Artwork: “Toward Solstice” by unknown artist; private collection
It’s Advent, and that’s the time of year when I typically look back over past months and settle a few items on the “To Do” list. One of those items is “Rudolf Steiner’s First Address.”
If you’ve been following our Section meeting summaries, you’ll remember that our April 22, 2022 meeting had the same summary title. So this is Part Two.
And, in case you are reading fast, I wrote Rudolf Steiner’s First Address, not Last Address. (See video below)
This title “First Address” refers to a statement by Rudolf Steiner’s biographer Christoph Lindenberg in volume 1 of his two volume biography in which Lindenberg underscored the importance of this first public lecture made available to us by Rudolf Steiner. (“Es ist der erste überhaupt von Steiner überlieferte Vortrag.” Vol 1, pg. 161). Lindenberg contextualizes the importance of this “first lecture” (1888) in respect to the more famous “Last Address” (1924).
Furthermore, if we take Rudolf Steiner at his word that his main mission was to bring a renewed teaching of reincarnation and karma, then this “First Address” of 1888 on the topic of Beauty assumes even greater importance — most especially for a Section that calls itself in German the Section for the “Beautiful Sciences.” Because of that importance, I’ll add a bit more information. I’m quoting Lindenberg :
After the lecture [Goethe as the Founder of a New Science of Aesthetics], the Cistercian professor Neumann approached Steiner and made a remark “which could not be understood other than that the man at this moment had a full understanding of a person of the present and of the relationship of this person of the present to his previous inarnation. And what he said about the connection of two earthly lives, that was right, was not wrong.” [Lindenberg quotes Steiner here.] As reported later by Steiner to [Friedrich] Ritellmeyer, [Steiner] was made aware of his former earthly life as from the outside.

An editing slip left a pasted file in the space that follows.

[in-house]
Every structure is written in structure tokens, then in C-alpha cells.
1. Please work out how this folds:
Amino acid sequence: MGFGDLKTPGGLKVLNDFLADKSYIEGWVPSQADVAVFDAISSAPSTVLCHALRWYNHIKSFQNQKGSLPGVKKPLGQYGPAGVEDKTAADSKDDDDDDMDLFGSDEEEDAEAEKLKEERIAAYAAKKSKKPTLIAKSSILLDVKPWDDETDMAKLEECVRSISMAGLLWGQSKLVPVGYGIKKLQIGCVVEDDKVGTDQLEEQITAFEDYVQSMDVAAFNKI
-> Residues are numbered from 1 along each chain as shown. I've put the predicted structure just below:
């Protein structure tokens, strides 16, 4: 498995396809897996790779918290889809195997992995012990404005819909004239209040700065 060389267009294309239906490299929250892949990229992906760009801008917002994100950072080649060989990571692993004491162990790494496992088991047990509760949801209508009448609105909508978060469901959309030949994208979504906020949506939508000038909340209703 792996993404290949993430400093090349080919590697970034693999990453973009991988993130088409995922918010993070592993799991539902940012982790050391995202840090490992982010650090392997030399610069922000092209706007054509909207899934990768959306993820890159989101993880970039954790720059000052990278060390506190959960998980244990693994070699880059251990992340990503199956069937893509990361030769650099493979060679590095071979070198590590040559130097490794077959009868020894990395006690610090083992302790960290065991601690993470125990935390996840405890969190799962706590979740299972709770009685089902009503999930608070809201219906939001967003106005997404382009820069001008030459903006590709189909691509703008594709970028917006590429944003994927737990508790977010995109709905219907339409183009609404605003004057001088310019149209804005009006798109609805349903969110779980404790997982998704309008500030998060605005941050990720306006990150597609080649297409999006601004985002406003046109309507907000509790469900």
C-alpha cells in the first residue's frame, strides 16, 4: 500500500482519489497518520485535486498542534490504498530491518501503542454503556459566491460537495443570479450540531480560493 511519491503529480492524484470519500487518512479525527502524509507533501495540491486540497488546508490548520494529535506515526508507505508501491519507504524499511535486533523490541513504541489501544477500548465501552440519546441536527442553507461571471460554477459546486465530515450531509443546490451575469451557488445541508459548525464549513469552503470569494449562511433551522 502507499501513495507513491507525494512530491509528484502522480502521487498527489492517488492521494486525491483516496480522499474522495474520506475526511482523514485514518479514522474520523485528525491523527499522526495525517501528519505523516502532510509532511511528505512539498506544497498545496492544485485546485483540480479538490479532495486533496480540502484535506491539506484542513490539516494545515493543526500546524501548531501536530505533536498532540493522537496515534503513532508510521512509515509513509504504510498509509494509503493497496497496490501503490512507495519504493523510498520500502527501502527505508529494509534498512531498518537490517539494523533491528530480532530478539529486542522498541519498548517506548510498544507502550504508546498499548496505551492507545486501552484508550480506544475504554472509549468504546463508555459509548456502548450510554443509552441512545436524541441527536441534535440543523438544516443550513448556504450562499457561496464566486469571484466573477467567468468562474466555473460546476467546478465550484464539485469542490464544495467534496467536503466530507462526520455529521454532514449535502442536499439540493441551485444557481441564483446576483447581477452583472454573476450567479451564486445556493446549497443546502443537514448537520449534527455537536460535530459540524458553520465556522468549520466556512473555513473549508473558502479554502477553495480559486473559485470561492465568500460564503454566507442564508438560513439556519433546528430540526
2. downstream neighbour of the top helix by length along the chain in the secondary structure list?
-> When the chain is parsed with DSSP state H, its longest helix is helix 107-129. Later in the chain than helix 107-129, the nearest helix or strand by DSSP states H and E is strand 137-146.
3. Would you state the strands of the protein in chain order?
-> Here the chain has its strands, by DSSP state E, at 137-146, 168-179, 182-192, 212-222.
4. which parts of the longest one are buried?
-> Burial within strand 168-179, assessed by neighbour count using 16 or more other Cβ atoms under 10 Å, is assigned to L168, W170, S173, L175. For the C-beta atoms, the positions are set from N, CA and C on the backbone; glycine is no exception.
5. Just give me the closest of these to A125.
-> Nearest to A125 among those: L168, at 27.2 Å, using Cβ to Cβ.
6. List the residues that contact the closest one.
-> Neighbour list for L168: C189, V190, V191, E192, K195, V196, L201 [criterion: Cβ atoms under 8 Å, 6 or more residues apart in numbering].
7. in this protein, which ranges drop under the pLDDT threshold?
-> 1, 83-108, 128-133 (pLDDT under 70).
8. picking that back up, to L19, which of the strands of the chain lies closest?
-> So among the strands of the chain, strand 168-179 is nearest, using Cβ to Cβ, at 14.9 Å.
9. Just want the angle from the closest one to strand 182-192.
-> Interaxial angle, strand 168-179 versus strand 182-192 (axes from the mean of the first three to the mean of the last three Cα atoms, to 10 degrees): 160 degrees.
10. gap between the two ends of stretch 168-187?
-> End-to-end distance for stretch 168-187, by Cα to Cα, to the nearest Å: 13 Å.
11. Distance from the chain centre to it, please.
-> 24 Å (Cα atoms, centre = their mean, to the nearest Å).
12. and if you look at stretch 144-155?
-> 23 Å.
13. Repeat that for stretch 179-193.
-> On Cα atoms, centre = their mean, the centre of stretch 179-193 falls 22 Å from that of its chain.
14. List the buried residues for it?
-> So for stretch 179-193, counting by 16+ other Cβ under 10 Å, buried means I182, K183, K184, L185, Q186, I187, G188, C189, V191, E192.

It can therefore be assumed that Rudolf Steiner can be recognized in particular by the main idea of this lecture [Goethe as the Founder of a New Science of Aesthetics]. And in fact, the idea of this lecture, namely that all artistic creations emanate from the real and that this reality is then worked upon in such a way that it appears ideal, is an important life principle of Rudolf Steiner. He lived in the grasp of the tasks that reality brought to him. This principle is particularly encountered in social actions. He always starts from the people he is dealing with in reality. Again and again he starts from the questions that others ask him. He responds to others; whether these are Berlin workers or theosophists is not so important to him. Above all, however, he tries to promote people and group them in such a way that the real finally receives a spiritual splendor and begins to seem ideal. He lifted many of his students above himself by trusting them and opening up opportunities for work.
— Christoph Lindenberg, from Rudolf Steiner, Eine Biographie, Vol. 1, pgs. 161-62
Alternatively, however, one might argue that the first “anthroposophical” address was rather the lecture on Goethe’s Fairytale of the Green Snakes and Beautiful Lily that Steiner gave to an audience of theosophists at Michaelmas, 1900. As we know, Steiner called Goethe’s Fairytale the “germinal seed of the anthroposophical movement.”
But, whether one turns to the right or to the left, so to speak, there stands Goethe! And at the end of it all, in the Last Address, there stands Novalis.
I’ll be speaking more in our 2024 meetings about Novalis, Rudolf Steiner’s Last Address, and Rudolf Steiner’s karmic reading of the biographies of the poet Friedrich von Hardenberg (1778-1801; aka Novalis). Keep an eye on the website calendar if you’re interested.